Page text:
Hypersonics. Section 216 directs the Secretary of the Air Force to upgrade testing facilities that support the development of critical hypersonic weapons that use air-breathing rocket booster capabilities and that are expected to operate in sea-level or high-altitude operational environments within two years of receiving an appropriation for the upgrade. In addition, Section 237 calls for the Secretary to assess the capacity of the Department to test, evaluate, and qualify hypersonic capabilities and related technologies of the Department. This assessment assumes the Department will conduct at least one full-scale, operationally relevant, live-fire, hypersonic weapon test of each system under development each year by each of the services once the system reaches initial operational capability.

Advanced Sensors. In Section 218, the bill designates the Commander of Naval Air Systems Command and the Director of Air Warfare to serve jointly as the resource sponsors for the Advanced Sensor Application Program (ASAP). The language calls for quarterly briefings to the congressional defense and intelligence committees on the status of the program.

Microelectronics. Sections 219 and 220 both address the Congress’ concern about the security of microelectronics by implementing a capability for quantifiable assurance to achieve practical, affordable, and risk-based objectives for security and by establishing a government-industry-academia working group on microelectronics. The working group will address research, infrastructure needs and challenges, technical and process standards, training and certification for the workforce, supply chain issues including manufacturing and packaging security, and technology transition issues.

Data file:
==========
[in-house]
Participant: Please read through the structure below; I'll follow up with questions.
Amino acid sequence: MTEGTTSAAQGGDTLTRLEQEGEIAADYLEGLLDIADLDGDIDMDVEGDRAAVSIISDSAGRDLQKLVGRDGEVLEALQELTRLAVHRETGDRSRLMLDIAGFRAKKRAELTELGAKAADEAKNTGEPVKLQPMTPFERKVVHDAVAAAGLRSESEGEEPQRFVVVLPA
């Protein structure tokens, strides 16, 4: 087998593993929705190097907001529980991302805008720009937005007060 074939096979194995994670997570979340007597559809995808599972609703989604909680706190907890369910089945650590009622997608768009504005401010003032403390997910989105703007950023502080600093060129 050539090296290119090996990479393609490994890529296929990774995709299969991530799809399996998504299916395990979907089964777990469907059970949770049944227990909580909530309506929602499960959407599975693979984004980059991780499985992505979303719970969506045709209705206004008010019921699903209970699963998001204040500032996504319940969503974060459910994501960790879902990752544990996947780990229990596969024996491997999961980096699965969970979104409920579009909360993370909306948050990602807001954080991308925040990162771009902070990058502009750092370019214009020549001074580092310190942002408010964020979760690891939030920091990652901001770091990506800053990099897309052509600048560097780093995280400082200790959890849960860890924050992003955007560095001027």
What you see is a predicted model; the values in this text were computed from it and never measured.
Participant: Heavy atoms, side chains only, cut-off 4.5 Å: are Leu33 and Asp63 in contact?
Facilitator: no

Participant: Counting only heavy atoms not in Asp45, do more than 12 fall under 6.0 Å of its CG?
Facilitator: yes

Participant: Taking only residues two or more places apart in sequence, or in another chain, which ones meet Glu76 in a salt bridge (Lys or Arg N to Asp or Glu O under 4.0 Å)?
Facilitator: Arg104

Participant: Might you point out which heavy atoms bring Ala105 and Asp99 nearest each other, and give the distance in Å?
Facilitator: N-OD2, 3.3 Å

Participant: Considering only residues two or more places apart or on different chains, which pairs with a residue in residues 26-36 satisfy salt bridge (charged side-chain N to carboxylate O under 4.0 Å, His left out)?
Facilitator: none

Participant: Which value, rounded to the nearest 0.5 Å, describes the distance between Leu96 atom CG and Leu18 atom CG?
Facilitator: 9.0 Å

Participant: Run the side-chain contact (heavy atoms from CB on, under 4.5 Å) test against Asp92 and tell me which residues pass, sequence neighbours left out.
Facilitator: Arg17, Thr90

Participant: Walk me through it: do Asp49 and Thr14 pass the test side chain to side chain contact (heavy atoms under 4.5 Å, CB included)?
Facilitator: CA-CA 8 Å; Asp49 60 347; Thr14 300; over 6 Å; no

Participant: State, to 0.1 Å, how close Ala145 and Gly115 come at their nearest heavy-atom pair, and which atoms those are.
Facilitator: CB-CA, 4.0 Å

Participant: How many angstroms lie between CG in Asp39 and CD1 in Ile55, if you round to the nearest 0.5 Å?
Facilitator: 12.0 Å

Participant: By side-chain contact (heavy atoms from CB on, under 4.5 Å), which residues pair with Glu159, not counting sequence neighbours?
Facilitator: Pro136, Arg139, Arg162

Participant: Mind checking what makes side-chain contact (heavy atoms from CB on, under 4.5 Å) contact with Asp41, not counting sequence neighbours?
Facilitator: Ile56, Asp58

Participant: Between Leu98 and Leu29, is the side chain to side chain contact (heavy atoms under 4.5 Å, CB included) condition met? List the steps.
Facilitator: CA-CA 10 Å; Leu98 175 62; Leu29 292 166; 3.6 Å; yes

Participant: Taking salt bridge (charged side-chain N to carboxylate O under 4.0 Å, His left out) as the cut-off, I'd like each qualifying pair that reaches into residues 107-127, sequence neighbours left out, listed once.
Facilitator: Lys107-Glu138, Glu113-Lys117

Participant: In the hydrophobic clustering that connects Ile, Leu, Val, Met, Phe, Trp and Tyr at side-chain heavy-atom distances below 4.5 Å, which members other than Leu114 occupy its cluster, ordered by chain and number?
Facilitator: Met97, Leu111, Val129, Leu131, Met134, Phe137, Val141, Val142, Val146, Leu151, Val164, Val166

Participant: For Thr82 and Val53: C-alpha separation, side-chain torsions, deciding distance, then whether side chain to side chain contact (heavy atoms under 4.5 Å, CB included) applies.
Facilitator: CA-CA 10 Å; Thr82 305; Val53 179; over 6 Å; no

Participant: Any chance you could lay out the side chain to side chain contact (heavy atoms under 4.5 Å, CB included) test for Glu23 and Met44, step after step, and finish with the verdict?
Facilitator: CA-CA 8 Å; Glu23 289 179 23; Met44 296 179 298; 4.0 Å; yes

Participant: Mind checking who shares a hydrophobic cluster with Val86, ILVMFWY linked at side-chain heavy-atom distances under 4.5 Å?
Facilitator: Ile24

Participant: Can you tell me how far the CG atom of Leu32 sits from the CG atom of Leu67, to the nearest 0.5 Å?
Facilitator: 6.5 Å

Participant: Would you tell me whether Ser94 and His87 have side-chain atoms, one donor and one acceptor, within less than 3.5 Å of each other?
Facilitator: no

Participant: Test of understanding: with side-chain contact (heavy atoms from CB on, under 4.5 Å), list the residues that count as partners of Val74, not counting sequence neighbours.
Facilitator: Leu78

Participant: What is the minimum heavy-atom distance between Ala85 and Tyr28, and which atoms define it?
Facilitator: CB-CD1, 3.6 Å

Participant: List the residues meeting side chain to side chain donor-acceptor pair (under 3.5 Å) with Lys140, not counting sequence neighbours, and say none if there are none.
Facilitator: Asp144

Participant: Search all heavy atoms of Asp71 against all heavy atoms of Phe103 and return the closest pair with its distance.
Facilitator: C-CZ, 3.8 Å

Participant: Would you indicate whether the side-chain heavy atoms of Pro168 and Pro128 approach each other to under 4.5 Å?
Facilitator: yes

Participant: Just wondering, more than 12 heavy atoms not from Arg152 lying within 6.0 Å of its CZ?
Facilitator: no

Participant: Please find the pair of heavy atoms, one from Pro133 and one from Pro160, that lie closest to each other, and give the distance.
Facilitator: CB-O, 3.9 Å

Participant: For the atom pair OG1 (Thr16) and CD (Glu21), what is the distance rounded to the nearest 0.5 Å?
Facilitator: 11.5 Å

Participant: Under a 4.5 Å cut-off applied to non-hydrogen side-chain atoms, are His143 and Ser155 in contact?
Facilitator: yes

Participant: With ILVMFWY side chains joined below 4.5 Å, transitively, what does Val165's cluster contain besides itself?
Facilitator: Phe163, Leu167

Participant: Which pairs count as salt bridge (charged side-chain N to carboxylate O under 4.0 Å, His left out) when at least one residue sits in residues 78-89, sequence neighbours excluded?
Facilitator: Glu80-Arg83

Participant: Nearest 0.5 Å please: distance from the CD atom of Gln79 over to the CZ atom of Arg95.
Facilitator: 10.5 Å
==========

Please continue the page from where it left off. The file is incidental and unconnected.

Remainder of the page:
5G Broadband. The bill calls for (Section 221) the Secretary to set a target date for the deployment of 5G wireless broadband infrastructure at all military installations by July 30, 2023. The Secretary must submit an annual report beginning in December of 2023 that outlines the metrics used to measure progress and the progress that is being made in reaching the target of total deployment. Section 234 directs the Department to develop and submit to the defense committees a plan that specifies the extent to which 5G infrastructure is expected to be implemented and how that implementation will be achieved.

Battle Management. Section 915 directs the Secretary and the Joint Chiefs of Staff to oversee joint all domain command and control (JADC2) to ensure collaboration with the Joint Requirement Oversight Council, the combatant commands, and the military services with regard to operational requirements. The department announced its JADC2 Implementation Plan in March for the multi-billion effort to use “automation, artificial intelligence (AI), predictive analytics, and machine learning” to more rapidly connect any sensor with any shooter.